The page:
YouTube is awash with such hokum for using tapping to overcome hunger pangs and obesity, anorexia, depression, anger and even fear of the Illuminati.  All the videos posted by enthusiastic tappers all showing you how to tap your face in order to cure pretty much anything and everything.
Repeat after me.  Even though this is total bullshit, I deeply and completely accept myself.

Whilst this might be bad enough for some, there is far, far worse.  I hope that maybe some day those people will look back and find it all a little embarrassing, remembering the era of the mad tappers where the solution to all the world’s problems lay in getting people to tap their faces.  In the 60’s LSD had similar advocates and to those advocating it looked like the solution to the world's problems – if only everyone tried it, they thought, then maybe everyone would be open minded and wars will end.

So get on the phones everyone, call Al Qaeda, call North Korea and Jeremy Kyle, spread the word and get the bloody fools to tap their faces before it is too late.  Spread the word, spread salvation, they banned LSD, maybe they will ban tapping too.  The powers-that-be fear its power, and tremble in the face of the liberation and freeing of imprisoned minds.

The solution is so simple, why can’t these people understand and open their minds just wide enough to see?

The zeal of the Christians never went away; the missionaries took up their positions with the natives to spread the seed of their religious fervour.  Soon the natives were converted and the great Word spread unhindered.  The natives converted to the correct version of reality, their souls were saved and the Truth set them free.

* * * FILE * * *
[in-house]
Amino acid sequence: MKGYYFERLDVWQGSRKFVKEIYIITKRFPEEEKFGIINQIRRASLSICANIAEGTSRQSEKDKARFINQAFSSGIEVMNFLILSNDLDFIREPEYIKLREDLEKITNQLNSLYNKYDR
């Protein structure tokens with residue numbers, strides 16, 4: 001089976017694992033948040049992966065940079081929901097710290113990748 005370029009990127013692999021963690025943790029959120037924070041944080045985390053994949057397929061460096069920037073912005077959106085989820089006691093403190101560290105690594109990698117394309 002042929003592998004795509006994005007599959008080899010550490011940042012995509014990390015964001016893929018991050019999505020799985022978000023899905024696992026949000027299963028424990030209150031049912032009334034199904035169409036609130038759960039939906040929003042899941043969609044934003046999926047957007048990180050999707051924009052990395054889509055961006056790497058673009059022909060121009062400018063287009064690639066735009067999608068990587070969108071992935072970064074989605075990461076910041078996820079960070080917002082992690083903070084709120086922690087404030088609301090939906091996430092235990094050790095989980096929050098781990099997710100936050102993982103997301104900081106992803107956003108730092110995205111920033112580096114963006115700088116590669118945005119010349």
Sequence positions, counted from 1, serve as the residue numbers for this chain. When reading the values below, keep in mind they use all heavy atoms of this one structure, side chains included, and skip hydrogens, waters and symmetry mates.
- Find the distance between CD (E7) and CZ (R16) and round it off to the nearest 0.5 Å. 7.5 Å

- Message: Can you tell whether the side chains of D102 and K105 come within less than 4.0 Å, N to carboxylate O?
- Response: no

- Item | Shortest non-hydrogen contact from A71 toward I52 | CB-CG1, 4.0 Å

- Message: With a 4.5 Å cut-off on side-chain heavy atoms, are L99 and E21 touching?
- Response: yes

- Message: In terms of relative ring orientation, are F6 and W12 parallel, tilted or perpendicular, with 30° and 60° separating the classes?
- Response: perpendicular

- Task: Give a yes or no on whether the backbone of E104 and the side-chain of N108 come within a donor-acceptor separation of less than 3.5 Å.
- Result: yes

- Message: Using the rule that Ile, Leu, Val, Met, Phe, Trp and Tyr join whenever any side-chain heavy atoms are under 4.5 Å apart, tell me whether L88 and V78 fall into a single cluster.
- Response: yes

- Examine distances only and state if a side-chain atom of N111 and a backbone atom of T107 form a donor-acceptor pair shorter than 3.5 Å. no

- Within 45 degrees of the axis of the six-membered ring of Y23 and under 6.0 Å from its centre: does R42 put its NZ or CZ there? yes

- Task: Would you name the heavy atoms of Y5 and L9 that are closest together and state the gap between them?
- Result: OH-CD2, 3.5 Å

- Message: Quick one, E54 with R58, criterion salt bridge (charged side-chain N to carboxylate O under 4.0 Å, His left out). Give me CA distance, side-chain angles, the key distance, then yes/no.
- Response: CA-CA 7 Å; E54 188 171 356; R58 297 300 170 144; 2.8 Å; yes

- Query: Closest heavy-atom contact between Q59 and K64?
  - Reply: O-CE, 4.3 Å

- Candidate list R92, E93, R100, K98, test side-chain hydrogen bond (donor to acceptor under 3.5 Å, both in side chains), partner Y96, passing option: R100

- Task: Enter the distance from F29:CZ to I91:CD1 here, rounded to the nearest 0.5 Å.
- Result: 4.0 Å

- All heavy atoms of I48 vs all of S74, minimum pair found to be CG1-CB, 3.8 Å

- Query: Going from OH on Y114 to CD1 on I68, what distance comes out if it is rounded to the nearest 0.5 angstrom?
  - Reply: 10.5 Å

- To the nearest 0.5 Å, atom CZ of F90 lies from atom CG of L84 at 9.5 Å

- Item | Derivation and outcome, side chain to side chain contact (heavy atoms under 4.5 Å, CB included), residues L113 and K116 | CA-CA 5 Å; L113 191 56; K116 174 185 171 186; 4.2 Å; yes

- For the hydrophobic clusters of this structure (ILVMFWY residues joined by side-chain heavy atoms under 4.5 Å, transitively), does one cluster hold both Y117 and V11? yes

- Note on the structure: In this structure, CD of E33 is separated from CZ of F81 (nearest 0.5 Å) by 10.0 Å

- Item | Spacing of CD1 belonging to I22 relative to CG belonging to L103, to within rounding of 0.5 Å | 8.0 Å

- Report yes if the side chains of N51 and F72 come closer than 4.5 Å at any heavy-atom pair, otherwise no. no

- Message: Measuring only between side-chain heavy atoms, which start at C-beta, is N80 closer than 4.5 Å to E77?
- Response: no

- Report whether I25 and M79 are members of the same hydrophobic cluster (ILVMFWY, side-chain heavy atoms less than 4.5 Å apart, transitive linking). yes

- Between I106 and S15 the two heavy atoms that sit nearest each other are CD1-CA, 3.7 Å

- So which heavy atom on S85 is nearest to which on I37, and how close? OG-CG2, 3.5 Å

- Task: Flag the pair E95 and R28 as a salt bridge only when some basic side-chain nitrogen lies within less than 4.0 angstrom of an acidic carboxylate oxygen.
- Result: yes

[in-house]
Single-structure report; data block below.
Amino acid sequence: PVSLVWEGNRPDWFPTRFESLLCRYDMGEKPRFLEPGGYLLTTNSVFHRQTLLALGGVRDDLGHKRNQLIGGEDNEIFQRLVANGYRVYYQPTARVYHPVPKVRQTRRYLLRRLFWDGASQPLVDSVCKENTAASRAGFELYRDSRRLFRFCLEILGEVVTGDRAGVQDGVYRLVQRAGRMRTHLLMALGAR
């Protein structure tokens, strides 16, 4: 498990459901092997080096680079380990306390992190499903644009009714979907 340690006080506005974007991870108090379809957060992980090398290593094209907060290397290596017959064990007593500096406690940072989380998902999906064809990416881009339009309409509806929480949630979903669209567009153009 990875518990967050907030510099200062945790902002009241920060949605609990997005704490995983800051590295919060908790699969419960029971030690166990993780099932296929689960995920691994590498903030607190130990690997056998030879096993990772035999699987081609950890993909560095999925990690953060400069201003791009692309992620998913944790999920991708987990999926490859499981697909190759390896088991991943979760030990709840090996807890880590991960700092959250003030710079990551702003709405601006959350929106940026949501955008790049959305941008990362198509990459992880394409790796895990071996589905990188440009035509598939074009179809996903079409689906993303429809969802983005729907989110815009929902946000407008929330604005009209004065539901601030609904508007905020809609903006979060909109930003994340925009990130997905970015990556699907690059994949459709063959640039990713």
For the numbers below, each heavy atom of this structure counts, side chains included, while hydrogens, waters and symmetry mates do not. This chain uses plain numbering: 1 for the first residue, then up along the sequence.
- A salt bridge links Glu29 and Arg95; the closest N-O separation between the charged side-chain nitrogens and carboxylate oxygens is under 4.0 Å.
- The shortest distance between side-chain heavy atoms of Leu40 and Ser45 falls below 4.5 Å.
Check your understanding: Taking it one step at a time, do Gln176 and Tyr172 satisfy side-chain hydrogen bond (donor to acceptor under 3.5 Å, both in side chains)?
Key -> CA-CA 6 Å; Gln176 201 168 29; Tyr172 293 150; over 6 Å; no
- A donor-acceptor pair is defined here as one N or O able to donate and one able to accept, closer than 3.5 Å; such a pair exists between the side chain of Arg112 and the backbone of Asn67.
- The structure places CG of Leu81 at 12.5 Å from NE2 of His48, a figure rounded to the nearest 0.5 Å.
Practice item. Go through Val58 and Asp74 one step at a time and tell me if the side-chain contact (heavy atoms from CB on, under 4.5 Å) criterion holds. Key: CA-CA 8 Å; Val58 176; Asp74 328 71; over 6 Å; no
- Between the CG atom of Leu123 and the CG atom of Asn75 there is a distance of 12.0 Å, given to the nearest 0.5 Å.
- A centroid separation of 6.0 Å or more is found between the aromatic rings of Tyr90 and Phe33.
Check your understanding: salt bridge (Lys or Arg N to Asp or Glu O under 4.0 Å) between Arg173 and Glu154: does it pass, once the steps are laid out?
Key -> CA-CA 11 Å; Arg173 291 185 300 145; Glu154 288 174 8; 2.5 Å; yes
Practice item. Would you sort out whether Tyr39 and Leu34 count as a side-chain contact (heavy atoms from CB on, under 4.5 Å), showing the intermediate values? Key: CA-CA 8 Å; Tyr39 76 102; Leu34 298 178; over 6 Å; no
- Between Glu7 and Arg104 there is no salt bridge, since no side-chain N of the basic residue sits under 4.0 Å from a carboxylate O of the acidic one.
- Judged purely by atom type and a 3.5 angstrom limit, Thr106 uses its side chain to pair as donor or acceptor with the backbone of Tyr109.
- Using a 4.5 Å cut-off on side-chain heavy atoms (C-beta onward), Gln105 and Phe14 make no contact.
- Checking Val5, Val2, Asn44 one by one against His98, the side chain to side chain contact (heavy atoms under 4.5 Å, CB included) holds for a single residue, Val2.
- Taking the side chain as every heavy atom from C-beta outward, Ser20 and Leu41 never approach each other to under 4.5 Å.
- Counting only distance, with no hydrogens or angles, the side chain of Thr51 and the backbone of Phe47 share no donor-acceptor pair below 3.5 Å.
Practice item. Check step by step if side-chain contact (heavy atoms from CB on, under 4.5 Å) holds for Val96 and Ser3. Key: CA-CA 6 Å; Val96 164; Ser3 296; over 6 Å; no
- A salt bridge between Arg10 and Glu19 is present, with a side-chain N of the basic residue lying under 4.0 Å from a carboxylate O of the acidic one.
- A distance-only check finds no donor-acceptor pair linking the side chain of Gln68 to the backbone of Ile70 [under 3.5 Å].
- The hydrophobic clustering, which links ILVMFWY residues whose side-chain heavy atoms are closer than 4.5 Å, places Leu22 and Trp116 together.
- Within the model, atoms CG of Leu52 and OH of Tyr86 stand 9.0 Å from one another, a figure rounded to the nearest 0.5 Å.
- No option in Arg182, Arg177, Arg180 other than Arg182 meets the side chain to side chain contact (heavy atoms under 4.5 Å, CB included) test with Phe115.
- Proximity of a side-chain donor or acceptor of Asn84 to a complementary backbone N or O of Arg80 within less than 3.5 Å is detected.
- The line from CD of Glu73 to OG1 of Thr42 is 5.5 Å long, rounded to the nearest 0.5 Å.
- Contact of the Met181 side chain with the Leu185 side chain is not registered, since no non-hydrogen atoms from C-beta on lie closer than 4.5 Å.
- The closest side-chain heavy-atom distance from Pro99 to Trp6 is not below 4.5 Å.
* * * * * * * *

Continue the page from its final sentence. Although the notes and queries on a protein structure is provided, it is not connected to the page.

And anyone who disagrees be damned; freedom works a bit like that.

And whilst there may not be so many Christian missionaries these days, but as I say, the zeal continues – God simply got replaced by therapy.  Priests and pastors become counselors and therapists, and the word to be spread became not the words of the Christ, but rather the immortal mantra, “Even though I am blah blah, I deeply and completely accept myself.”

And so the charities began and the overseas rescue missions planned.  To Africa they said, and to Africa they went, armed with their mantras and tapping fingers and taught the Africans how to cure malaria.

“Tapping can relieve the suffering of malaria” they claimed, and to a desperate population, remote and impoverished, these well fed and well-intentioned “therapists” and “healers” taught them the new gospel and creed.  It was the creed of “energy medicine”, of great medicinal claims and of a mysterious force that man can learn to manipulate to bring about relief from suffering and death. 

Here’s a quote from some purveyors of this astonishing cure: